It was a Fall day in 1944 when George Duncan, the Chairman of the co-op Board of Directors, sat down with Superintendent Huntress to discuss a troubling discrepancy in the company's accounting books. By the end of the meeting, Huntress had confessed to the embezzlement of some $4,000 in Co-op funds. When Duncan offered to personally reimburse the Co-op on behalf of Huntress, the Superintendent acknowledged the sum of his bad deeds was closer to $8,000. Following a lengthy internal investigation, it was eventually determined that Leon Huntress had embezzled nearly $15,000 from the Co-op over his six years of employment. To forestall criminal charges against him, Huntress agreed to resign and make restitution to the Co-op. Not party to these difficult times was Bill Neal, the Co-op founder who a year earlier had left the Co-op to become the Acting Administrator of the REA in its new St. Louis headquarters. Neal would serve as the REA administrator before he died tragically in a 1949 automobile accident.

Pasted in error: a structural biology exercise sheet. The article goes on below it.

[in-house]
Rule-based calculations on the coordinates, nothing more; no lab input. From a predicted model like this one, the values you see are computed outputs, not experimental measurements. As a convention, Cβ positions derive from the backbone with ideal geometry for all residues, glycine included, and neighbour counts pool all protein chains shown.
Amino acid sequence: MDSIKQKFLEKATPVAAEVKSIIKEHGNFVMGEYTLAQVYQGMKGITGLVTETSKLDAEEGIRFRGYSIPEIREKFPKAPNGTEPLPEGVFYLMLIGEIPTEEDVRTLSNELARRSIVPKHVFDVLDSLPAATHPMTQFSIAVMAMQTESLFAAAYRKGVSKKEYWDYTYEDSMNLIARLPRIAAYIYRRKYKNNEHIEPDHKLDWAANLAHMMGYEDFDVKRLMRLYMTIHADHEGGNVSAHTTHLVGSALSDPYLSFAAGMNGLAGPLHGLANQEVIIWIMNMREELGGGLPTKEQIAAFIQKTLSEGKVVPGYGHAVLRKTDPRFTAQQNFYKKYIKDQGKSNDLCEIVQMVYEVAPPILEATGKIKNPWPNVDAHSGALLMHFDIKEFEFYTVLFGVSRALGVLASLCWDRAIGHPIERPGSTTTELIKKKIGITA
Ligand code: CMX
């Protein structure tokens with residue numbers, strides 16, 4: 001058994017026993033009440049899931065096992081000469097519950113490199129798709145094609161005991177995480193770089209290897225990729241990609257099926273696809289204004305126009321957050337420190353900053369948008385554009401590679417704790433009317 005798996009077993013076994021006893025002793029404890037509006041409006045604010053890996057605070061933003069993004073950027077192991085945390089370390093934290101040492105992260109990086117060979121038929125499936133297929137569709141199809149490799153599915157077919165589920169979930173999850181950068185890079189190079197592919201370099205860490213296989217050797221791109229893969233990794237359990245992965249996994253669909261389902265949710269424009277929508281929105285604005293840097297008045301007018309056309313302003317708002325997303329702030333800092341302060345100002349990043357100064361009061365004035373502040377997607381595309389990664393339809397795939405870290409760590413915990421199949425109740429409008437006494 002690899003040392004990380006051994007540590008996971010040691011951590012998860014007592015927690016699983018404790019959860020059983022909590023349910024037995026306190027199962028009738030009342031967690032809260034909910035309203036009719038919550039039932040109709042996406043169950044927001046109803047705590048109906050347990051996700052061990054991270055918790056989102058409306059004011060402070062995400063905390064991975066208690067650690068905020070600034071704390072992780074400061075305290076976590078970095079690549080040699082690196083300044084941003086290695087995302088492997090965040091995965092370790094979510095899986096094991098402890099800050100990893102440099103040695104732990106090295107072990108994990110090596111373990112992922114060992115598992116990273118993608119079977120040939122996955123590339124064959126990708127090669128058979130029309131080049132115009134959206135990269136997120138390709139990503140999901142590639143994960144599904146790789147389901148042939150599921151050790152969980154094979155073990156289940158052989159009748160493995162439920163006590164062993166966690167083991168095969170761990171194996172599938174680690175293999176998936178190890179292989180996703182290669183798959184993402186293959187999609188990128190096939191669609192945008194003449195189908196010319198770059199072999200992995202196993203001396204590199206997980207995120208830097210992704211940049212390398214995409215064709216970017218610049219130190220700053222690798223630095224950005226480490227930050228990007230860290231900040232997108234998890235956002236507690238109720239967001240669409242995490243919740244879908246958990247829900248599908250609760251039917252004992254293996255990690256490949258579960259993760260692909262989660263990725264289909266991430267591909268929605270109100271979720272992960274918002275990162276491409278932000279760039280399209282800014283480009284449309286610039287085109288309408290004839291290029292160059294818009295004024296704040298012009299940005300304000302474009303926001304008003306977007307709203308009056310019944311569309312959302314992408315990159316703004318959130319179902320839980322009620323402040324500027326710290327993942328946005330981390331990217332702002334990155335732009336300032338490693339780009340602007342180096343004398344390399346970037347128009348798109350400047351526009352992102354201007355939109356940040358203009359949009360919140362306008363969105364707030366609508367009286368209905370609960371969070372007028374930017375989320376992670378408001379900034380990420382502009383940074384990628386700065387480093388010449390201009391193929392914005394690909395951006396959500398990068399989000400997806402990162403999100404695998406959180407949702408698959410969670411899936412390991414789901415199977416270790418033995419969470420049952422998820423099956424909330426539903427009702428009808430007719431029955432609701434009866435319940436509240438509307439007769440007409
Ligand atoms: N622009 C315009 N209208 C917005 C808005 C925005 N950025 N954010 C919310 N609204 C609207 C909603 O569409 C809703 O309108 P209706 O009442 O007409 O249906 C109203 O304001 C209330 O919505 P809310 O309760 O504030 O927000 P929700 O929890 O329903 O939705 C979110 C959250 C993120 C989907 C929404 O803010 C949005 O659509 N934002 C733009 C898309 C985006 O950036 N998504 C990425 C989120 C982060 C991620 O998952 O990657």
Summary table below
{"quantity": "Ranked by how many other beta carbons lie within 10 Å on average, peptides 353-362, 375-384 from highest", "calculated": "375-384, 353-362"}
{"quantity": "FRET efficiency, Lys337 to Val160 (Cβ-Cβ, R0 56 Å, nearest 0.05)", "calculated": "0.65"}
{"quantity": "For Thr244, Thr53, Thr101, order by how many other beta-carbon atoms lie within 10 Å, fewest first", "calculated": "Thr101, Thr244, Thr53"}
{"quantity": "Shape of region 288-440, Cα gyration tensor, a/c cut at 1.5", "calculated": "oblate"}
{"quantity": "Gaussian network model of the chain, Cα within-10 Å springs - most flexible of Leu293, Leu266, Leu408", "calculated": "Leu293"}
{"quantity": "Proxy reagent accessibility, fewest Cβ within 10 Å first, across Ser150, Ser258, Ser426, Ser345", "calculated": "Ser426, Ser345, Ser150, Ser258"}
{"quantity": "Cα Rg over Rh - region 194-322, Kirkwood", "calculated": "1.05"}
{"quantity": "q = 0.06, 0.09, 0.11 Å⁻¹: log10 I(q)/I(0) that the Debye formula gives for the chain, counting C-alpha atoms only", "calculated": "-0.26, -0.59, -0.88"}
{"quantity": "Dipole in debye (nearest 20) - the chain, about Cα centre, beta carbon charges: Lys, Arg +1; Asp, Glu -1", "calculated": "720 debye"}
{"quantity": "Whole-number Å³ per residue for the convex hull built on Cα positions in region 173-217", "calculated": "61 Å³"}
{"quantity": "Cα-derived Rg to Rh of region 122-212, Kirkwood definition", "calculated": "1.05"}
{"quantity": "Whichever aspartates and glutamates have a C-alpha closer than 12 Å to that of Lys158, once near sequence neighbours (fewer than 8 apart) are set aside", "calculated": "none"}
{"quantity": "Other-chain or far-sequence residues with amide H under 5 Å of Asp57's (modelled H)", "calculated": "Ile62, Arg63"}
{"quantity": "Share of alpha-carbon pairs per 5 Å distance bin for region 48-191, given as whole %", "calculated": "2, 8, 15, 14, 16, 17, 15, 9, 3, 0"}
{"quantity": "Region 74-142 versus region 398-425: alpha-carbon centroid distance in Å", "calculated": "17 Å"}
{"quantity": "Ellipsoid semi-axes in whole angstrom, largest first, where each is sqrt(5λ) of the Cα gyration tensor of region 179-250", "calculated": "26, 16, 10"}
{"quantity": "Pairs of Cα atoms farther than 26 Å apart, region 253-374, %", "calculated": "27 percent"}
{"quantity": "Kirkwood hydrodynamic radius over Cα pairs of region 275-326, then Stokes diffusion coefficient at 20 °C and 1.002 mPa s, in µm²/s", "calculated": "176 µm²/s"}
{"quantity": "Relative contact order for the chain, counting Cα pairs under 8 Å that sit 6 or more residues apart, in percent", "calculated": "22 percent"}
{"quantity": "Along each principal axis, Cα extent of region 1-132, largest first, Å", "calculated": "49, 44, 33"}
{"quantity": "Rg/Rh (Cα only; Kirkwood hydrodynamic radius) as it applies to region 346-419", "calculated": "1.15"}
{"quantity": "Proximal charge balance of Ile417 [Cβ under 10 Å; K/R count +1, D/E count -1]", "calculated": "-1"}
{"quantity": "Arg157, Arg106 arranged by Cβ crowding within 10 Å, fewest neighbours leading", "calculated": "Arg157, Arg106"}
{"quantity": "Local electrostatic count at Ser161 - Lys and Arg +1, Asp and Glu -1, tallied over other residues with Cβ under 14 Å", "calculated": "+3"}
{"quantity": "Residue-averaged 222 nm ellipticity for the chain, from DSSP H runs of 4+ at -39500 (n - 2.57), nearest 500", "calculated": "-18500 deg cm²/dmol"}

Befitting a company born of a federal agency, it was the intervention of the REA in the affairs of the Co-op that would eventually put the company back on track. In June 1945, the Co-op was $180,000 in arrears on its payments to the REA and reeling from the scandalous departure of Leon Huntress. The New Hampshire Co-op's troubles made great fodder for opponents of the REA, many of whom objected to Bill Neal's leadership. In an angry address to the Senate in 1945, Minnesota Senator Henrik Shipstead accused Neal of presiding over "the worst managed of all the 813 REA cooperatives."
Into this fray stepped the REA with a plan to directly manage the New Hampshire Co-op until it achieved both financial and managerial stability. Thus started the gradual recovery of the Co-op, a process that would be completed by the 1948 purchase of White Mountain Power. The addition of White Mountain's 7,500 customers in 28 New Hampshire towns gave the Co-op the critical mass it needed to continue its mission. Today the Co-op serves more than 70,000 members in 115 towns and cities.